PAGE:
This rare disorder causes blood vessel inflammation throughout the body. Signs and symptoms depend on which parts of the body are affected.
Behcet's (beh-CHETS) disease, also called Behcet's syndrome, is a rare disorder that causes blood vessel inflammation throughout your body.
The disease can lead to numerous signs and symptoms that can seem unrelated at first. They can include mouth sores, eye inflammation, skin rashes and lesions, and genital sores.
Treatment involves medications to reduce the signs and symptoms of Behcet's disease and to prevent serious complications, such as blindness.
Behcet's disease symptoms vary from person to person, can come and go or become less severe over time. Signs and symptoms depend on which parts of your body are affected.
Areas commonly affected by Behcet's disease include:
Make an appointment with your doctor if you notice unusual signs and symptoms that might indicate Behcet's disease. If you've been diagnosed with the condition, see your doctor if you notice new signs and symptoms.
Behcet's disease might be an autoimmune disorder, which means the body's immune system mistakenly attacks some of its own healthy cells. It's likely that genetic and environmental factors play a role.
The signs and symptoms of Behcet's disease are considered to be due to inflammation of the blood vessels (vasculitis). The condition can involve arteries and veins of all sizes, damaging them throughout the body.
Several genes have been found to be associated with the disease. Some researchers believe a virus or bacterium can trigger Behcet's disease in people who have certain genes that make them susceptible to Behcet's.
Factors that might increase your risk of Behcet's include:
Complications of Behcet's disease depend on your signs and symptoms. For instance, untreated uveitis can lead to decreased vision or blindness. People with eye signs and symptoms of Behcet's disease need to visit an eye specialist (ophthalmologist) regularly because treatment can help prevent this complication.
No tests can determine whether you have Behcet's disease, so your doctor will rely primarily on your signs and symptoms. Because nearly everyone with the condition develops mouth sores, mouth sores that have recurred at least three times in 12 months are generally necessary for a diagnosis of Behcet's disease.
In addition, a diagnosis of Behcet's disease requires at least two additional signs, such as:
Tests you might need include:
There's no cure for Behcet's disease. If you have a mild form, your doctor might suggest medications to control the pain and inflammation of flares. You might not need medication between flares.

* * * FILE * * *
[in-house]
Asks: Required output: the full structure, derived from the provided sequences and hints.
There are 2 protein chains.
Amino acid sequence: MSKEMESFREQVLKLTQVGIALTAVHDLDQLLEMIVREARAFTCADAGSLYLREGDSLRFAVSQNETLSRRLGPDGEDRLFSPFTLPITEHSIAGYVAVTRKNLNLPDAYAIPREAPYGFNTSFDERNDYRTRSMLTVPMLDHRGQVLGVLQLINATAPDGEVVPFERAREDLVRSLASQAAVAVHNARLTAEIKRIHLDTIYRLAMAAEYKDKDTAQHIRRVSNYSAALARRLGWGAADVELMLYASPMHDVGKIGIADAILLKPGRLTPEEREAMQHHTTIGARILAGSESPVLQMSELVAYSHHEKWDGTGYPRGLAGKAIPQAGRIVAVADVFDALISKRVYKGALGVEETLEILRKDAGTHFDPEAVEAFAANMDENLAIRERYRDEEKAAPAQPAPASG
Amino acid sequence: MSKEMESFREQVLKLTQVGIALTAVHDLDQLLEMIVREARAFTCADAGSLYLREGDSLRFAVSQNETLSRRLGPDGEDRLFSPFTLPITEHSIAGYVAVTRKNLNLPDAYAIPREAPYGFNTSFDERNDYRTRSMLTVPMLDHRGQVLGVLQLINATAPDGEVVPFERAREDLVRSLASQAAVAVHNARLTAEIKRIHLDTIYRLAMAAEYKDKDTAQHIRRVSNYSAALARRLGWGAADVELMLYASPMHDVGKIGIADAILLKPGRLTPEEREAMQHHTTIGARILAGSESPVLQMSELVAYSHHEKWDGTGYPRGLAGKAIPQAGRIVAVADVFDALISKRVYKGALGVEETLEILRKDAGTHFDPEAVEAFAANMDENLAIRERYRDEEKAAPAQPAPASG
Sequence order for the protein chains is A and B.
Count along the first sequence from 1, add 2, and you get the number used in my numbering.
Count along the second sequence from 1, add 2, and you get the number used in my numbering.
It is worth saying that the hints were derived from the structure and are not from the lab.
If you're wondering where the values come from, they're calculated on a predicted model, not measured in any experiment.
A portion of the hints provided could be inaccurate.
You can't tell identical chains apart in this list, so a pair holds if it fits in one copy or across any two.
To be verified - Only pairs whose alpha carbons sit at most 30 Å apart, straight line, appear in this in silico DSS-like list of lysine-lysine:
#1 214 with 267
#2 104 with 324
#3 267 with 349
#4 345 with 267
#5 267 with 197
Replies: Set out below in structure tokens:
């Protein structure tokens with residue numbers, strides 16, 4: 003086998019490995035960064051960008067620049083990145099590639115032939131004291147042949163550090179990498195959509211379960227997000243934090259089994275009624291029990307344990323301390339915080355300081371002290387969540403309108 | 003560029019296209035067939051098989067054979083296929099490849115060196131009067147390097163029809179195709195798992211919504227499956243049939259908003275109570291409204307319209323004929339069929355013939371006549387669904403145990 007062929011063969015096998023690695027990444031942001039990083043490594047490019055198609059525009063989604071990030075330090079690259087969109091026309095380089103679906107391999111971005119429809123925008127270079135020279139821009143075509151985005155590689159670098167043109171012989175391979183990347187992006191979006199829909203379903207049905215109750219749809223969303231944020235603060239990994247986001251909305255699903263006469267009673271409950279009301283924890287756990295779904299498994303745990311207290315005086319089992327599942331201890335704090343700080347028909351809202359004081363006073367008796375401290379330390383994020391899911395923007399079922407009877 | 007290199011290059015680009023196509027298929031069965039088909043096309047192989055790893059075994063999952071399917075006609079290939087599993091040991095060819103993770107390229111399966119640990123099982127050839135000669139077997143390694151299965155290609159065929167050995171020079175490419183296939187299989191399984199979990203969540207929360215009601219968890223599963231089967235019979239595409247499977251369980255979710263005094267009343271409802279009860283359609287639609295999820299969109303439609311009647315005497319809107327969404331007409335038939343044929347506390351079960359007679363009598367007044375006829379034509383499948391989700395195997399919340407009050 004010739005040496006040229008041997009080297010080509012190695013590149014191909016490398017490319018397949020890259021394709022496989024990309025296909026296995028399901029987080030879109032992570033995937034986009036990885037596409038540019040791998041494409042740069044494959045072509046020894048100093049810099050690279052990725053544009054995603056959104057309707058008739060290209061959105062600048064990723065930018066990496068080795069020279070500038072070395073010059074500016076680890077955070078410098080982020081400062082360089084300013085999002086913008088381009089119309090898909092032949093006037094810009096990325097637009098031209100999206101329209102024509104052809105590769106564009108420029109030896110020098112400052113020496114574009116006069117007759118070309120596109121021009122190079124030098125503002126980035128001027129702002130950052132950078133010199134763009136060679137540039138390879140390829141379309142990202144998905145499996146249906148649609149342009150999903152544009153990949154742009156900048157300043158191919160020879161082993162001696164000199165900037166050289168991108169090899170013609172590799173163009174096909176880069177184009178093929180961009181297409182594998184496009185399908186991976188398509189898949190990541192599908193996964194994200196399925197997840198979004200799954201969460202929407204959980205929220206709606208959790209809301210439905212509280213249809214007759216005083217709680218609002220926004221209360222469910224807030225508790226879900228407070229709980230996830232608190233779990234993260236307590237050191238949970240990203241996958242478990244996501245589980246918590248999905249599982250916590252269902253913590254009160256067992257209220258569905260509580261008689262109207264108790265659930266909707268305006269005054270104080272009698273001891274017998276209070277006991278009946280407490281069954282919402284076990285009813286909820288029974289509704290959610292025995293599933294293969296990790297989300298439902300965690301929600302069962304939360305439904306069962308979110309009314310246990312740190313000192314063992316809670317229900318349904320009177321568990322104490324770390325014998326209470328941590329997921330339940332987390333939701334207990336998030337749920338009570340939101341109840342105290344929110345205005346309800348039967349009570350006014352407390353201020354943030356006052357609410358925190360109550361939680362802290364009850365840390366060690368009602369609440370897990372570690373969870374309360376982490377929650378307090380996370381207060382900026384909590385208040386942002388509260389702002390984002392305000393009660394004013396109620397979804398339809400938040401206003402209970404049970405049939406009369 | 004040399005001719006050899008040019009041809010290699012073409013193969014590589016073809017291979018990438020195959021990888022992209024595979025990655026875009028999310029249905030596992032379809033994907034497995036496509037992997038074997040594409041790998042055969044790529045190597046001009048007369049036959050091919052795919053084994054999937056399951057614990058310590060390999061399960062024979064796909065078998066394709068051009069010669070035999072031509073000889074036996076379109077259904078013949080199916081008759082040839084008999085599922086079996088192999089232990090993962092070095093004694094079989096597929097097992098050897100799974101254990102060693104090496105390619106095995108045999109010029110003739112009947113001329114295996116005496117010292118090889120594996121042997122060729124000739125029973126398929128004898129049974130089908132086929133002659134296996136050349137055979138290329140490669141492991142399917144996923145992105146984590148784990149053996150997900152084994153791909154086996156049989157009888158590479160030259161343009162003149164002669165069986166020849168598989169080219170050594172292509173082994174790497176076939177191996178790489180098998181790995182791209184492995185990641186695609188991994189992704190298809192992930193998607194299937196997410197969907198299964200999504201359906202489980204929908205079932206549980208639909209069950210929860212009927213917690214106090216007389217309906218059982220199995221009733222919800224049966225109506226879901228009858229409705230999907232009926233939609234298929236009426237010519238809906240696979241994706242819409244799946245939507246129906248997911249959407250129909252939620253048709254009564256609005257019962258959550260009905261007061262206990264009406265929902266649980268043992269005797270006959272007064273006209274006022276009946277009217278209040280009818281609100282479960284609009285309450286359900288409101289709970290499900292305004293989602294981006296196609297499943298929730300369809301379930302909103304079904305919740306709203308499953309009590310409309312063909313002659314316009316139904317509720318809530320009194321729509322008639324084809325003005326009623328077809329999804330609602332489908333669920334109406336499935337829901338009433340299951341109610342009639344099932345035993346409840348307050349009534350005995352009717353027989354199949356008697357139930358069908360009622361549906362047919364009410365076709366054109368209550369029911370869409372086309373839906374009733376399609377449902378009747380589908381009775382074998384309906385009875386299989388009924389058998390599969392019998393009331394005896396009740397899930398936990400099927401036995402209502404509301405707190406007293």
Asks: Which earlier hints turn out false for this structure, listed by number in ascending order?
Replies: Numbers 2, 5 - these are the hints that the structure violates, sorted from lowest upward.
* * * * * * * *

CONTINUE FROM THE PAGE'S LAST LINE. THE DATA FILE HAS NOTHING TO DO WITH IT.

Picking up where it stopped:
For more-severe signs and symptoms, your doctor might prescribe medications to control the Behcet's disease throughout your body, in addition to medications for flares.
Medications to control signs and symptoms you have during flares might include the following:
If topical medications don't help, your doctor might recommend a drug called colchicine (Colcrys, Mitigare) for recurring oral and genital sores. Joint swelling also might improve with colchicine.
Severe cases of Behcet's disease require treatments to control damage from the disease between flares. If you have moderate to severe Behcet's disease, your doctor might prescribe:
Corticosteroids to control inflammation. Corticosteroids, such as prednisone, are used reduce the inflammation caused by Behcet's disease. Doctors often prescribe them with another medication to suppress the activity of your immune system.
Side effects of corticosteroids include weight gain, persistent heartburn, high blood pressure and bone thinning (osteoporosis).
Medications that alter your immune system's response. Interferon alfa-2b (Intron A) regulates the activity of your immune system to control inflammation. It may be used alone or with other drugs to help control skin sores, joint pain and eye inflammation in people with Behcet's disease. Side effects include flu-like signs and symptoms, such as muscle pain and fatigue.
Medications that block a substance called tumor necrosis factor (TNF) are effective in treating some of the signs and symptoms of Behcet's, especially for people who have more-severe or resistant symptoms. Examples include infliximab (Remicade) and adalimumab (Humira). Side effects might include headache, skin rash and an increased risk of infections.
The unpredictability of Behcet's disease can make it particularly frustrating. Taking good care of yourself might help you cope. In general, try to:
You're likely to start by seeing your primary care doctor. He or she may refer you to a doctor who treats arthritis and other rheumatic illnesses (rheumatologist).
Depending on your signs and symptoms, you might also need to see an ophthalmologist for eye problems, a gynecologist or urologist for genital sores, a dermatologist for skin problems, a gastroenterologist for digestive difficulties, or a neurologist for symptoms that involve the brain or central nervous system.
Here's some information to help you get ready for your appointment.
Make a list of:
Ask a family member or friend to come along to help you remember the information you receive.
For Behcet's, questions to ask your doctor include:
Your doctor is likely to ask you questions, such as: